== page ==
For someone like me, who grew up with food stored in refrigerators and canned food from the box grocery stores down the street, baby steps are required. I admit that I previously had an interest to learn about natural cold food storage. Our old mountain cabin in California has a cabinet in the kitchen that we believe was used for this purpose. I have a book about root cellaring but my brain begins to hurt when I attempt to think about applying the information to my home. The book did clue me in on the fact that the pumpkin’s stem should be left intact. From my research online, I learned to allow 3-6 inches of the stem to be attached to the fruit.

Moose & Squirrel Pumpkin Pie
My attempt to put the pumpkins through a curing process and providing a storage environment wasn’t nearly as precise as suggested. I placed them on our slatted porch swing for ten days after washing the dirt off (I used soap but not the drop of chlorine as was suggested). When the pumpkins ripened and developed a tougher skin, I placed them in a kitchen cabinet being careful to space them so that they did not touch each other. I left the cabinet door cracked open for air circulation. The key to success is to allow for the air to circulate around the fruit and provide a storage condition that is 50-55F temperature and relative humidity of 50-70 percent.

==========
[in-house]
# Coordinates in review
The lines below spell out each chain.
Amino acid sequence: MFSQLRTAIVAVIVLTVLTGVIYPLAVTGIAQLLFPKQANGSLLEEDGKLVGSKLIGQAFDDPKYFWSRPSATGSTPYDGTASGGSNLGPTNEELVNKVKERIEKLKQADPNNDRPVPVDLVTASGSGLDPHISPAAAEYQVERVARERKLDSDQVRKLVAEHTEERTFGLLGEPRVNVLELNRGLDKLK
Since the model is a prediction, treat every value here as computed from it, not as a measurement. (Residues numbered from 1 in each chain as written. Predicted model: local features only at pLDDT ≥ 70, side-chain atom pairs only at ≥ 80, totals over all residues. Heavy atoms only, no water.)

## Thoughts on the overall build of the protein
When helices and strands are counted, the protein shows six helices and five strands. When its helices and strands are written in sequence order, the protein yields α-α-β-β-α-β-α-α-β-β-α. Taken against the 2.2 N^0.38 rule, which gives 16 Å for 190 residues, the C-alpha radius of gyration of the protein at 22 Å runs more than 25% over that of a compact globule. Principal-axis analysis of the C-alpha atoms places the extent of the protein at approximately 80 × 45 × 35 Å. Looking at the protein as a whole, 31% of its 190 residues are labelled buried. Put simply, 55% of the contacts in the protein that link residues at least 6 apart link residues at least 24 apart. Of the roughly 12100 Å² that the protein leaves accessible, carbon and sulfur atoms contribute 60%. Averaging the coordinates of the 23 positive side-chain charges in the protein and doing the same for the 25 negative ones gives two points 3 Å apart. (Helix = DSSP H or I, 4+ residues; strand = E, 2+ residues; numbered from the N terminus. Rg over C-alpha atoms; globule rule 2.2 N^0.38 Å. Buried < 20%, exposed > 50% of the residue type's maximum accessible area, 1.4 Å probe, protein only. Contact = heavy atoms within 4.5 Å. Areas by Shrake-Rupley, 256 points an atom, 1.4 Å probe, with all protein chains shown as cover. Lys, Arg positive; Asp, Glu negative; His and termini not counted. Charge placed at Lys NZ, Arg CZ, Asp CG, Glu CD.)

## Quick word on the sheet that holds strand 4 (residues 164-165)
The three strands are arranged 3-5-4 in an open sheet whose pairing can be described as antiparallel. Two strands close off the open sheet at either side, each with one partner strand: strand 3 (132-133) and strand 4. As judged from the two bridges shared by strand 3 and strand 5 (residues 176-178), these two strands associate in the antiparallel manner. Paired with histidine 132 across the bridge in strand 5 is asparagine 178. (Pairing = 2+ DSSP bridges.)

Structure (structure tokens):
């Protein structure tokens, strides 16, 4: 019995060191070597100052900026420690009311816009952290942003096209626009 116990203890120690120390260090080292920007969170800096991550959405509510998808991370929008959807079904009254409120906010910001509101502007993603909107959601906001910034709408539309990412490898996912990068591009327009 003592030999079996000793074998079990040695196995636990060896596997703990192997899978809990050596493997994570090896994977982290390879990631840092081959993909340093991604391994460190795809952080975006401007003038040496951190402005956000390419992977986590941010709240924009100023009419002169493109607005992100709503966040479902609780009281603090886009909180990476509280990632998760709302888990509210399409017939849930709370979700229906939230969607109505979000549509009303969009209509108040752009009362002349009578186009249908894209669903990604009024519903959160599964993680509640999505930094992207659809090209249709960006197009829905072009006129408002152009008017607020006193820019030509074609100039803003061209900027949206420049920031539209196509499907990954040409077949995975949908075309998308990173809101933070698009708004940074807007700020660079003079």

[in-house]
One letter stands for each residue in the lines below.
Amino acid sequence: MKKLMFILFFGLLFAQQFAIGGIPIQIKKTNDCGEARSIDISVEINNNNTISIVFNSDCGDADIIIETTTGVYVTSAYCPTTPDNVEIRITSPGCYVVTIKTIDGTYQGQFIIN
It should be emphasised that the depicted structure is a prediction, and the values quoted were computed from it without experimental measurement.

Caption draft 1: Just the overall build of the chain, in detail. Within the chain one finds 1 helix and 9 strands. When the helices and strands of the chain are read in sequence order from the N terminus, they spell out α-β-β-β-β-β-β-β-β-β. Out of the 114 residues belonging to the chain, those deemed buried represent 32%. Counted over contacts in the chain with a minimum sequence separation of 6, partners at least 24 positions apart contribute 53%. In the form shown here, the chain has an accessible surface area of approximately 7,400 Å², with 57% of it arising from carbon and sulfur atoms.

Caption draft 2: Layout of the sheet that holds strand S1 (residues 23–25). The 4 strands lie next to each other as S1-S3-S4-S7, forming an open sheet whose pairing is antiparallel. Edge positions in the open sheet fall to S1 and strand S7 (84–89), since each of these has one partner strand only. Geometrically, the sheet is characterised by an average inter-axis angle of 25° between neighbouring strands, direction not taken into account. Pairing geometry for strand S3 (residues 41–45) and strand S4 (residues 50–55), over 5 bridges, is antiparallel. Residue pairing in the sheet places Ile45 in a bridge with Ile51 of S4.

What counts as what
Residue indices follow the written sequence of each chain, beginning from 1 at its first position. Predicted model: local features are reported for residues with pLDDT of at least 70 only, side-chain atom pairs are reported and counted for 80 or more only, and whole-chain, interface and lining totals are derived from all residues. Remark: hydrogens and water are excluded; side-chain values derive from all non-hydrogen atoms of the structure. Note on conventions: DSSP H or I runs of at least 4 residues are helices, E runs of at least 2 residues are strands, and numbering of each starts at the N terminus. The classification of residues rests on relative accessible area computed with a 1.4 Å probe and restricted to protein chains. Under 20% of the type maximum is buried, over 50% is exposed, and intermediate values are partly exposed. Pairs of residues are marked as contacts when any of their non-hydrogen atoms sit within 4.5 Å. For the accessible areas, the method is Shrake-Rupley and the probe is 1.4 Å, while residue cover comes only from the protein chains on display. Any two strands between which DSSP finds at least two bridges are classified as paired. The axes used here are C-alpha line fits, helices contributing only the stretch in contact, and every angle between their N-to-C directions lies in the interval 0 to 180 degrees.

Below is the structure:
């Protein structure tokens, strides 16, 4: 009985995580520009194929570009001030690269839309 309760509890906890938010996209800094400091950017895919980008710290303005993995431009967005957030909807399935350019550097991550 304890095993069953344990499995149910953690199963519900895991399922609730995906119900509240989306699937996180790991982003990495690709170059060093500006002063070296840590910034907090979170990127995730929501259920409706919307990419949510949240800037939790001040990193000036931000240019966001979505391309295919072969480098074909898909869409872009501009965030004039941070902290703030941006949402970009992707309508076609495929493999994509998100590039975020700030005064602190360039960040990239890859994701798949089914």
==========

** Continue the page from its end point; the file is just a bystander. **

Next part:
Even with the lack of a controlled environment, I was able to preserve enough pumpkins to make several pies and loaves of bread in the late fall. The tougher skinned white pumpkins are still looking good in January. I added a better storage solution to my 2013 projects list in which I could set them on a rack and at least monitor, if not control, the temperature and humidity.

13 Sep 2012
I singled out the prettiest produce for trading purposes. That still left an abundant amount of crop that wasn’t picture perfect. Besides, I was not always in the frame of mind for doing the business of trading. It occurred to me that I should start thinking about ways to enjoy some of the produce during the off-season.

Yellow Tomato Jam